Heidi Henson was young, a marathon runner who took good care of herself, and she nearly died of a heart attack at age 35. Judy Alico was just 51, with low blood pressure, low cholesterol, not overweight, and a non-smoker. She had a sudden heart attack and was not as lucky. Heidi lived to tell her story and work to help others. Judy’s husband, Bob, has made the search for answers his life’s work. Both came to Mayo Clinic to present a $100,000 check for research into spontaneous coronary artery dissection, or SCAD. And they brought their personal stories with them.
Heidi's experience with SCAD came without warning. According to her local newspaper in northwest Indiana, The Times, Heidi was picking her oldest daughter up from school back in February when she suddenly began feeling ill. She called her husband, Nat, to tell him she thought she was having a heart attack. That fear was confirmed by doctors when the couple reached the local hospital.
Sharonne Hayes, M.D., founder of Mayo's Women's Heart Clinic in Rochester and one of the country's leading researchers into the condition, tells The Times that most SCAD patients don't show any "traditional" heart attack symptoms of signs. The condition occurs when a tear forms suddenly in one of the blood vessels in the heart, slowing or blocking blood flow to the heart. "The vast majority of the patients we've seen with SCAD have whistle clean arteries," she tells the paper.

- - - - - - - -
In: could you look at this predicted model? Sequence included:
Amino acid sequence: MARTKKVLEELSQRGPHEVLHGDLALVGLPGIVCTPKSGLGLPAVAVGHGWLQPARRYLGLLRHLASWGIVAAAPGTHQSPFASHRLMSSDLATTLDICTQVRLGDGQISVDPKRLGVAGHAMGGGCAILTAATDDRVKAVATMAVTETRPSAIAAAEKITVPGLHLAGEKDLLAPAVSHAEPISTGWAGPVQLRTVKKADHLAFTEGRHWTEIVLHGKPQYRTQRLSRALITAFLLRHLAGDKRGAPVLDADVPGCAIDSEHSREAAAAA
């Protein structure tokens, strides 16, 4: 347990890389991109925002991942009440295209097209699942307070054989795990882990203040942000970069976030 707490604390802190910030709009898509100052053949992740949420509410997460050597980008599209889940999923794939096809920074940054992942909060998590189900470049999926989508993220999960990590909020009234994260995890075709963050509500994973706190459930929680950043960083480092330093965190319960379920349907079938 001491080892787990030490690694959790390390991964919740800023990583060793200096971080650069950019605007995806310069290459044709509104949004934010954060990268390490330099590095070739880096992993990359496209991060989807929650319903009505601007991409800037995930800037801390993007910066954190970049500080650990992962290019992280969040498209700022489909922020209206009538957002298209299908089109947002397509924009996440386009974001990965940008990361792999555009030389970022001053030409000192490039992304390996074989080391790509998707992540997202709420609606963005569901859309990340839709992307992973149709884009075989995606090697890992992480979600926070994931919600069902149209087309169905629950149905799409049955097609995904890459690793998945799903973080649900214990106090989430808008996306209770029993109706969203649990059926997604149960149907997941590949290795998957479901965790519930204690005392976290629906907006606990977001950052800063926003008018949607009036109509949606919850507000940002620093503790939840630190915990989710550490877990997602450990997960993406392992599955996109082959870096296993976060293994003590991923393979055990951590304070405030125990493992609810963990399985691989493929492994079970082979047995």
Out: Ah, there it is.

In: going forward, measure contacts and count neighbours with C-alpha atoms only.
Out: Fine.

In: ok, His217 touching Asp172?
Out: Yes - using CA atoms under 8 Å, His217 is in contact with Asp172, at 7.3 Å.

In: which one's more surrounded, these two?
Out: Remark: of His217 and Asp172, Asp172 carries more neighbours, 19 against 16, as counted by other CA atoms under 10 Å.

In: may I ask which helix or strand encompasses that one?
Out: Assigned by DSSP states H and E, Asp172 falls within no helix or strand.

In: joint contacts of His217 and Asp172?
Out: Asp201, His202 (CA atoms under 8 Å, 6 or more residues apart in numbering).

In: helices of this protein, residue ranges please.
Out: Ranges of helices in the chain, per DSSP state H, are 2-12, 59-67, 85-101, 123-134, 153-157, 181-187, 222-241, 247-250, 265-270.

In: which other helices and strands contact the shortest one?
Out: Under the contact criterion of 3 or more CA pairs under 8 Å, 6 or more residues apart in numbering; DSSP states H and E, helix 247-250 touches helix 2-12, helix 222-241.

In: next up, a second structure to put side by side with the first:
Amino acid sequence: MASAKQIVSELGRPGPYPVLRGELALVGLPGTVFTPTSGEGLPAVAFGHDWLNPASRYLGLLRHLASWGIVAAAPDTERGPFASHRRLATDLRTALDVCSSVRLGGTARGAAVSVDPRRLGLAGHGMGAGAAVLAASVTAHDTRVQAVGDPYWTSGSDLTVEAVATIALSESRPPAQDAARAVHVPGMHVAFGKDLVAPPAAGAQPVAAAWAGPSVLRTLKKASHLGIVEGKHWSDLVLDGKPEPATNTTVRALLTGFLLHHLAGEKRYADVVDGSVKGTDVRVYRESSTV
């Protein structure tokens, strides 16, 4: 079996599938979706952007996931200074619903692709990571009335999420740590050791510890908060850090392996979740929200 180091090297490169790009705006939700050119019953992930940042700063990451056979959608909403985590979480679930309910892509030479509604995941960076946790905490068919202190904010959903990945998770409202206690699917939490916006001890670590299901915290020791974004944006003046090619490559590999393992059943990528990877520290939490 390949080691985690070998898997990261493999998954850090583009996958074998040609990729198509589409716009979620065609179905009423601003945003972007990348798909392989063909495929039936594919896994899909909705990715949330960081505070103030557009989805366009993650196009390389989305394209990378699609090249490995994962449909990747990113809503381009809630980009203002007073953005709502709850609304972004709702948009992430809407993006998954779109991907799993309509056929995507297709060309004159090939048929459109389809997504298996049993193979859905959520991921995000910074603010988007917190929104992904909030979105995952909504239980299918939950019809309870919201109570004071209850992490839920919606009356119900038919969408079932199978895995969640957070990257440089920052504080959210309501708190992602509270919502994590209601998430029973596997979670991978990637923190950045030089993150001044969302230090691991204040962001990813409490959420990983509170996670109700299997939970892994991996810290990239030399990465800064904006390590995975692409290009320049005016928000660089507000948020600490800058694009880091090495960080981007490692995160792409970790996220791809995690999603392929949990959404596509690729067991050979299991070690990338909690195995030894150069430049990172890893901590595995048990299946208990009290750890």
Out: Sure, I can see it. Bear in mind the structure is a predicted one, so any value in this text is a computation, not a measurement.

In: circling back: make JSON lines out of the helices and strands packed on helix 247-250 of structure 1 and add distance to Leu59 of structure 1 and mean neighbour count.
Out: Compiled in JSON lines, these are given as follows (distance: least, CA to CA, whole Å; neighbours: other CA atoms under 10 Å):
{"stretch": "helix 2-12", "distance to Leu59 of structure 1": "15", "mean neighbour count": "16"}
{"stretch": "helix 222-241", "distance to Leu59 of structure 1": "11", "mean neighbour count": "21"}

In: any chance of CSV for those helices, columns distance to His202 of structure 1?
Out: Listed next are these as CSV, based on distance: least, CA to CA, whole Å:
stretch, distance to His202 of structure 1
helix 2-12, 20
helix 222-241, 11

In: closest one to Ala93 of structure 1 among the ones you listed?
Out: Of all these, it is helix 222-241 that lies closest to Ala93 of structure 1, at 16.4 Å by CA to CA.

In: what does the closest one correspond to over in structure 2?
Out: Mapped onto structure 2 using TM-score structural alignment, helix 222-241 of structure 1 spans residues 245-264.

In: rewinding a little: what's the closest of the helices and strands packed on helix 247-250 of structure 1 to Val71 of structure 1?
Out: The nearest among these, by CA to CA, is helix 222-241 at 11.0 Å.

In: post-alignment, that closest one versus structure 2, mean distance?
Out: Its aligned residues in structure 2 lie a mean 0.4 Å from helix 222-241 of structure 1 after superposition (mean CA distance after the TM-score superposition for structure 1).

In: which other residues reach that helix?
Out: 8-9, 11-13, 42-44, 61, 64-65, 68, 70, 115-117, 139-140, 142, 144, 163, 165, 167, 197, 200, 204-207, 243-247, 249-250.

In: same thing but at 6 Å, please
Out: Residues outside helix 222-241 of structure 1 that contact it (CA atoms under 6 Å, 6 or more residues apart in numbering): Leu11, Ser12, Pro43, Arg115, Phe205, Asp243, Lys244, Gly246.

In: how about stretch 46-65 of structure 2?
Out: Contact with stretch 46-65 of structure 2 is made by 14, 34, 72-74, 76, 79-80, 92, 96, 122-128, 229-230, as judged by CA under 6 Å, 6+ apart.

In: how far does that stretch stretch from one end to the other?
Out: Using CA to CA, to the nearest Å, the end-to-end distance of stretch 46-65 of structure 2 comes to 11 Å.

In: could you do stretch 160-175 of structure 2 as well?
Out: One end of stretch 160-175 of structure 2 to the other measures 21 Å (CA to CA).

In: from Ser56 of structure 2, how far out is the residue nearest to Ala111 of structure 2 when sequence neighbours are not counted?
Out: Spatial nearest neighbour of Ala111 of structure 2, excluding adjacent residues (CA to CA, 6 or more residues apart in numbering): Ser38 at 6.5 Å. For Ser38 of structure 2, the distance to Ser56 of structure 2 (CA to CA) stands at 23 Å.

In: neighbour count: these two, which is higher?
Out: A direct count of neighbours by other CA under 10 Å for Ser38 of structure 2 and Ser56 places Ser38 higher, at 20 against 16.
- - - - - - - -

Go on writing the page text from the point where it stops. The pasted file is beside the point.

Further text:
Arizona resident Bob Alico tells the Rochester Post-Bulletin that his wife, Judy, was "otherwise healthy" before her death. The only sign that something was wrong came one day in 2011 when she simply told Bob that she didn't feel well. The P-B reports that she began feeling pain "up and down her right arm." Soon after, her vision became blurry. Her symptoms, the paper reports, "rapidly progressed" from there.
Bob tells the P-B that after his wife's death, he knew he had two options: He could either "turn himself inward" as he grieved his wife's passing. Or he could "turn himself outward" by using his wife's death as a way to help other families avoid the same fate. He chose the latter, founding a nonprofit organization called SCADResearch.org to help raise both money and awareness for SCAD research. The newspaper reports that Heidi and Nat joined Bob in Rochester last month so that their kids "could see the good people and places of Rochester, where she received treatment, and to present the check." Their hope is that it will lead to new insights into the condition. "This money will jumpstart several projects that are really important to you, to us," Dr. Hayes told Bob and Heidi during a check presentation ceremony. "You are why we keep doing it … it's the patient that keeps us going."
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